Assessing the value in value-based pricing

Although it's tempting to build premiums and penalties into consultants' paychecks, value-based pricing isn't always the best solution. Look before you leap.


You Can't Detect What You Can't See: Illuminating the Entire Kill Chain

On-Demand Webinar

(Page 1 of 3)

Spreading the wealth--and the risk--is a new concept emerging in corporate IT consulting. It's called value-based pricing, and it comes in many forms, from paying the consultant entirely according to revenue gained to building time-measured rewards and penalties into projects, including an enterprise resource planning (ERP) implementation.

Fundamentally, value-based pricing transfers some of the risk and potential reward to the consultant. Rather than valuing a systems implementation in the traditional time-and-materials manner, value-based pricing at least partially compensates consultants based on metrics, or achievement of specific goals at various points throughout a project. Metrics can vary from the timely installation of a specific SAP AG module to improving inventory turnover by a specified percentage. The consultant is then paid a reward for achievement of the goal.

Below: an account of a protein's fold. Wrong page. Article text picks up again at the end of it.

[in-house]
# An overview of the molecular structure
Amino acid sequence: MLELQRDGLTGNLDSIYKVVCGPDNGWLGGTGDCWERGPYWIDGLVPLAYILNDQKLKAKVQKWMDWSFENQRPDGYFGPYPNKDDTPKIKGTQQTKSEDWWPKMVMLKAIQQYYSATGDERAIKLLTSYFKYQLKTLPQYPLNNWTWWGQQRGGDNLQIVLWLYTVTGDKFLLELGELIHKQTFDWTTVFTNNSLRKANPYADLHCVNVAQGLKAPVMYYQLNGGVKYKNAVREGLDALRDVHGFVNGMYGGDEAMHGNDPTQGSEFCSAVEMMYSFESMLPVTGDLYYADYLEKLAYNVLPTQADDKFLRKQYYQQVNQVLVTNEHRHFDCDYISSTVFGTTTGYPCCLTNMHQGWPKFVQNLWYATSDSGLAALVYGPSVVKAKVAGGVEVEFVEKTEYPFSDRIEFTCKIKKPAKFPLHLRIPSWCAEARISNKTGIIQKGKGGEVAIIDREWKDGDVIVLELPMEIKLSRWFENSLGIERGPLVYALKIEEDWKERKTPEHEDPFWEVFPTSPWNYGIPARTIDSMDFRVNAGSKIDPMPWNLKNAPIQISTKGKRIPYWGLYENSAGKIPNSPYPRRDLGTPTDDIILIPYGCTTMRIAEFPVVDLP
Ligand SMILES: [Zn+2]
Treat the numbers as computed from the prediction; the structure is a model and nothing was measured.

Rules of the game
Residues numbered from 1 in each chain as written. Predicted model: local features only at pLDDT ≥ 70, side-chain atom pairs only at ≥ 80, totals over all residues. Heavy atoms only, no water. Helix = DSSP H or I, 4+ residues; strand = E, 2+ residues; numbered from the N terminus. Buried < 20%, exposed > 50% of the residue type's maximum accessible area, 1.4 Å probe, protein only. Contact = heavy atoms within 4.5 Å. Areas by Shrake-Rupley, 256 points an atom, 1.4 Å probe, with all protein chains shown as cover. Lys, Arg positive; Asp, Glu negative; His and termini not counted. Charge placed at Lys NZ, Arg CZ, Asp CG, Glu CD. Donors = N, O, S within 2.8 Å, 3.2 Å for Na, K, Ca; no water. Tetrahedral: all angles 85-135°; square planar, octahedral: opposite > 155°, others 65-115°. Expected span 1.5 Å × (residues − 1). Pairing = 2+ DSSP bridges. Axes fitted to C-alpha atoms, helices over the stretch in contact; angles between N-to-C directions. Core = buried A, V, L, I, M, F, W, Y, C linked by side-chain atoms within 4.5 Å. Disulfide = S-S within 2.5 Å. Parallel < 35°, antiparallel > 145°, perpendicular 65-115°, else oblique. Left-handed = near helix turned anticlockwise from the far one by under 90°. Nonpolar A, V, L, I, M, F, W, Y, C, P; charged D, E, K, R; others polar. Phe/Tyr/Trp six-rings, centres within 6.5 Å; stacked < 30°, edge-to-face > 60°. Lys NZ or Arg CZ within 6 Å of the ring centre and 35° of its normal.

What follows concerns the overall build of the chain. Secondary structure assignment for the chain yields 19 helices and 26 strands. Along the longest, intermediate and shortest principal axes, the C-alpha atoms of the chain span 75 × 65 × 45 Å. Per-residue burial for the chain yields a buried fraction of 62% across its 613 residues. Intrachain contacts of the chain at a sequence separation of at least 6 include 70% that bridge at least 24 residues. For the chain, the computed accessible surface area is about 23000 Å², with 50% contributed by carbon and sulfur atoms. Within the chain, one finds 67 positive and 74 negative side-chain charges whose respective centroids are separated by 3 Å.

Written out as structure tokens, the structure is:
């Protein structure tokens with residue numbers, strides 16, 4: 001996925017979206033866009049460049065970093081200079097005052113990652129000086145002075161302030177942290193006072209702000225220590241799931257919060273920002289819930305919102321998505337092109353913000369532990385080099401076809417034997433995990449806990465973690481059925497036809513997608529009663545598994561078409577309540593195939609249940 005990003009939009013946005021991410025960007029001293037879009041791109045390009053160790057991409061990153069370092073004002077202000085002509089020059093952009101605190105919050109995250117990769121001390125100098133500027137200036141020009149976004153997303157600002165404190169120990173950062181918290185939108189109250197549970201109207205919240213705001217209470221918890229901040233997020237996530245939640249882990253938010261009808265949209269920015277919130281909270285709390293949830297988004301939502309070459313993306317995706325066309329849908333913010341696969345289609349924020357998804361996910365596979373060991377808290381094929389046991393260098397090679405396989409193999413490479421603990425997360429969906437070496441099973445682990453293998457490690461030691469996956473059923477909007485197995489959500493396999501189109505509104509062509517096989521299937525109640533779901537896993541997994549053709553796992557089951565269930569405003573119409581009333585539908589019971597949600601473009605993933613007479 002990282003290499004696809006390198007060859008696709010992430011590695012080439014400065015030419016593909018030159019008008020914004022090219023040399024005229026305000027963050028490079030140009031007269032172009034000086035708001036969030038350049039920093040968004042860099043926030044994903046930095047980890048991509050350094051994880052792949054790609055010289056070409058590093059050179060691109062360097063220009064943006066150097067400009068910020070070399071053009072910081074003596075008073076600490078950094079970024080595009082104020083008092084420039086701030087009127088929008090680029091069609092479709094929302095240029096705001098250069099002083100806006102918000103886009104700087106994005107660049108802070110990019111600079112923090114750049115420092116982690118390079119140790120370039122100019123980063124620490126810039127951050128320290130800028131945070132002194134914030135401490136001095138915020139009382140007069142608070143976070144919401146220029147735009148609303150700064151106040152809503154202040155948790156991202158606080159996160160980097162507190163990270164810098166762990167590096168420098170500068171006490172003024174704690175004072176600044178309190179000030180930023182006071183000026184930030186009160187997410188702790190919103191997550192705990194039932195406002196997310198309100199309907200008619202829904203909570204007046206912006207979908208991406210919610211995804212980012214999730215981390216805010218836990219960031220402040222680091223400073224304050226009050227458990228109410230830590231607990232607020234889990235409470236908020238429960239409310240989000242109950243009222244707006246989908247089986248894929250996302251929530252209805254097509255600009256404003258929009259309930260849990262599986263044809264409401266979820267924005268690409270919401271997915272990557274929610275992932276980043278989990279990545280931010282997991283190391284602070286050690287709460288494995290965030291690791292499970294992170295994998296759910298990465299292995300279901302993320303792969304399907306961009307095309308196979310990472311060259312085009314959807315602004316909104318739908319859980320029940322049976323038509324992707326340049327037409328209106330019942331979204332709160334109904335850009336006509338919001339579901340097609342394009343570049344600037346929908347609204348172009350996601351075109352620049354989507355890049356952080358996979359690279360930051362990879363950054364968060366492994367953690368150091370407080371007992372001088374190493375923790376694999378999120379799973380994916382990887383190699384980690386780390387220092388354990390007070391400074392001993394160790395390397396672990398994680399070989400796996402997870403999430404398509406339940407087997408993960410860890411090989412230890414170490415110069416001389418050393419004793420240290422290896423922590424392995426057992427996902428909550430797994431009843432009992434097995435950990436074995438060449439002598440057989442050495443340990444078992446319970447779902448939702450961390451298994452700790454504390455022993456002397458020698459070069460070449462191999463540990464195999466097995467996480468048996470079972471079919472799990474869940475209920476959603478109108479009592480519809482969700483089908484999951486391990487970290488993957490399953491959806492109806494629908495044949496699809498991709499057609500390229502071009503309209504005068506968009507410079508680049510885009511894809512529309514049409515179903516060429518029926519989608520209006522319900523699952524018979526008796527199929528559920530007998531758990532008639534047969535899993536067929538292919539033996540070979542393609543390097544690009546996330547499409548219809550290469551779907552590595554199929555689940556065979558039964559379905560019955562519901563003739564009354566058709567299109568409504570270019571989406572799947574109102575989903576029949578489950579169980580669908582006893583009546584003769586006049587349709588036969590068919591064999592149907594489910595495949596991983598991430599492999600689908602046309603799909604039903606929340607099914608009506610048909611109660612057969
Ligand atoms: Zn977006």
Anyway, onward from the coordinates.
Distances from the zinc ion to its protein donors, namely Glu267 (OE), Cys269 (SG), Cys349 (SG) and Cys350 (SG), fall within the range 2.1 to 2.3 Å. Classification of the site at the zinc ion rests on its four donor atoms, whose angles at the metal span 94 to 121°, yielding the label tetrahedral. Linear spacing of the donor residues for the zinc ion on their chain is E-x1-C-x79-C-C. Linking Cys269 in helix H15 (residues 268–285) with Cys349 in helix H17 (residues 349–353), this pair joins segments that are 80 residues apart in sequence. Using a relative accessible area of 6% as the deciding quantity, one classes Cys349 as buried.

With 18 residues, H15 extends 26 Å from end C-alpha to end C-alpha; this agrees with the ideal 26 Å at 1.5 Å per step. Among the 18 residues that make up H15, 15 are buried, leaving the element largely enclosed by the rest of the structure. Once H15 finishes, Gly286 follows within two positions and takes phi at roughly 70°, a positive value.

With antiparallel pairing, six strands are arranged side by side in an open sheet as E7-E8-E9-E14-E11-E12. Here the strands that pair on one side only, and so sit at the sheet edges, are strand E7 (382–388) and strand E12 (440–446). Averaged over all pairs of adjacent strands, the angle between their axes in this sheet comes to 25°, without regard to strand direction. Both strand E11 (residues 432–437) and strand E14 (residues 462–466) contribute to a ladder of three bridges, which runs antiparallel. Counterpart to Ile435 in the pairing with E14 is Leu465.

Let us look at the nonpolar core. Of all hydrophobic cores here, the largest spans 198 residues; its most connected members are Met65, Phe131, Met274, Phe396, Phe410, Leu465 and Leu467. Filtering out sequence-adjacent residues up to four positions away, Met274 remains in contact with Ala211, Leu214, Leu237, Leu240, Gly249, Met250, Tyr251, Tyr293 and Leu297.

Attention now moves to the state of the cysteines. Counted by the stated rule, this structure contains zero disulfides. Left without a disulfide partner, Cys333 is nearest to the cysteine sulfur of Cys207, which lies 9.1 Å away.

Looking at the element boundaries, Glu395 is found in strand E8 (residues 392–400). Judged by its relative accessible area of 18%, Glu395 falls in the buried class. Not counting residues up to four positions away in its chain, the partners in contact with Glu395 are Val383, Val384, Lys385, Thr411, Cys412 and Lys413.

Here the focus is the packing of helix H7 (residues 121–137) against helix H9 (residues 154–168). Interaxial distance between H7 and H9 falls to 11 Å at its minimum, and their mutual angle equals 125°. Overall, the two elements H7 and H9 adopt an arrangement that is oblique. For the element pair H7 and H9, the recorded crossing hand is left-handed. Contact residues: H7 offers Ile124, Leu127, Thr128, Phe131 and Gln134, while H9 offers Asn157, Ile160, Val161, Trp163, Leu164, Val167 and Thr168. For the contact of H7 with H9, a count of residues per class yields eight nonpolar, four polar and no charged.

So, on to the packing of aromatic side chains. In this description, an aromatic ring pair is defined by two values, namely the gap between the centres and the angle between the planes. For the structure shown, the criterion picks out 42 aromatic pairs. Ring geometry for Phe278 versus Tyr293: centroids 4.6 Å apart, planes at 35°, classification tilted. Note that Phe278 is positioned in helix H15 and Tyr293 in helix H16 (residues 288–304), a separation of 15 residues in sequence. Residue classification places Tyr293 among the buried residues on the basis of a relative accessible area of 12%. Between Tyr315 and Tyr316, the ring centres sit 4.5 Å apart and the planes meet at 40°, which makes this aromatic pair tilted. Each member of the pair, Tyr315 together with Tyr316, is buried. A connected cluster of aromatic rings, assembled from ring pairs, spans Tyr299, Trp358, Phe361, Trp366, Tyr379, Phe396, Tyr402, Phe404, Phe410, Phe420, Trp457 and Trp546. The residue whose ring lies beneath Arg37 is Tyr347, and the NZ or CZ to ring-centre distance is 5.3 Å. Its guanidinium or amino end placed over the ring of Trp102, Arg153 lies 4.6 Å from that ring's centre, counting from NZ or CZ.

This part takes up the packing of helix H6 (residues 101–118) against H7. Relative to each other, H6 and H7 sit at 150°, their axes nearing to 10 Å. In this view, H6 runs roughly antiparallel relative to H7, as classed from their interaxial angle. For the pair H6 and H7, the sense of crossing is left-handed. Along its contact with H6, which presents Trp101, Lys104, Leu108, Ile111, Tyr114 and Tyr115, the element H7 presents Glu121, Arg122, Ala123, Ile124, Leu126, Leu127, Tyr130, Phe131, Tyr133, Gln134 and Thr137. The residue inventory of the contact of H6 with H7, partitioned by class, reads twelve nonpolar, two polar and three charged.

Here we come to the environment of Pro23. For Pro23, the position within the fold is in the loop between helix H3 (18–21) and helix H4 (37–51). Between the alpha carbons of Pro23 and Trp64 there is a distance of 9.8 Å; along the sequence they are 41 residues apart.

AT A GLANCE: Commonwealth of Massachusetts Department of Social Services
The department: The DSS is a state agency charged with protecting children who have been abused or neglected in a family setting.

The problem: In order to apply for federal reimbursements, the DSS must gather detailed documentation on the type of services provided to each child.

The solution: A value-based systems implementation contract with Andersen Consulting.

The IT infrastructure: A LAN-based system.

Pricing based on value is, in part, a response to complaints about unsuccessful ERP implementations or companies not being able to calculate an ROI on their ERP system implementations. Value-based contracting forces a company to examine its business case for the systems integration project, i.e., that it's not just a "me too" project.

But value-based pricing is not yet widely used for systems integration projects. International Data Corp., of Framingham, Mass., estimates that in 1998 only 1.5% to 3% of systems integration projects were priced based on value. Most analysts, consultants, and clients expect that figure to increase, but no one predicts it will even reach 50% of systems integration projects because of all the time and effort it takes to find the right metrics, create an effective contract and then track performance. According to one expert, clients need to devote at least one person, full time, to keeping up with the contract.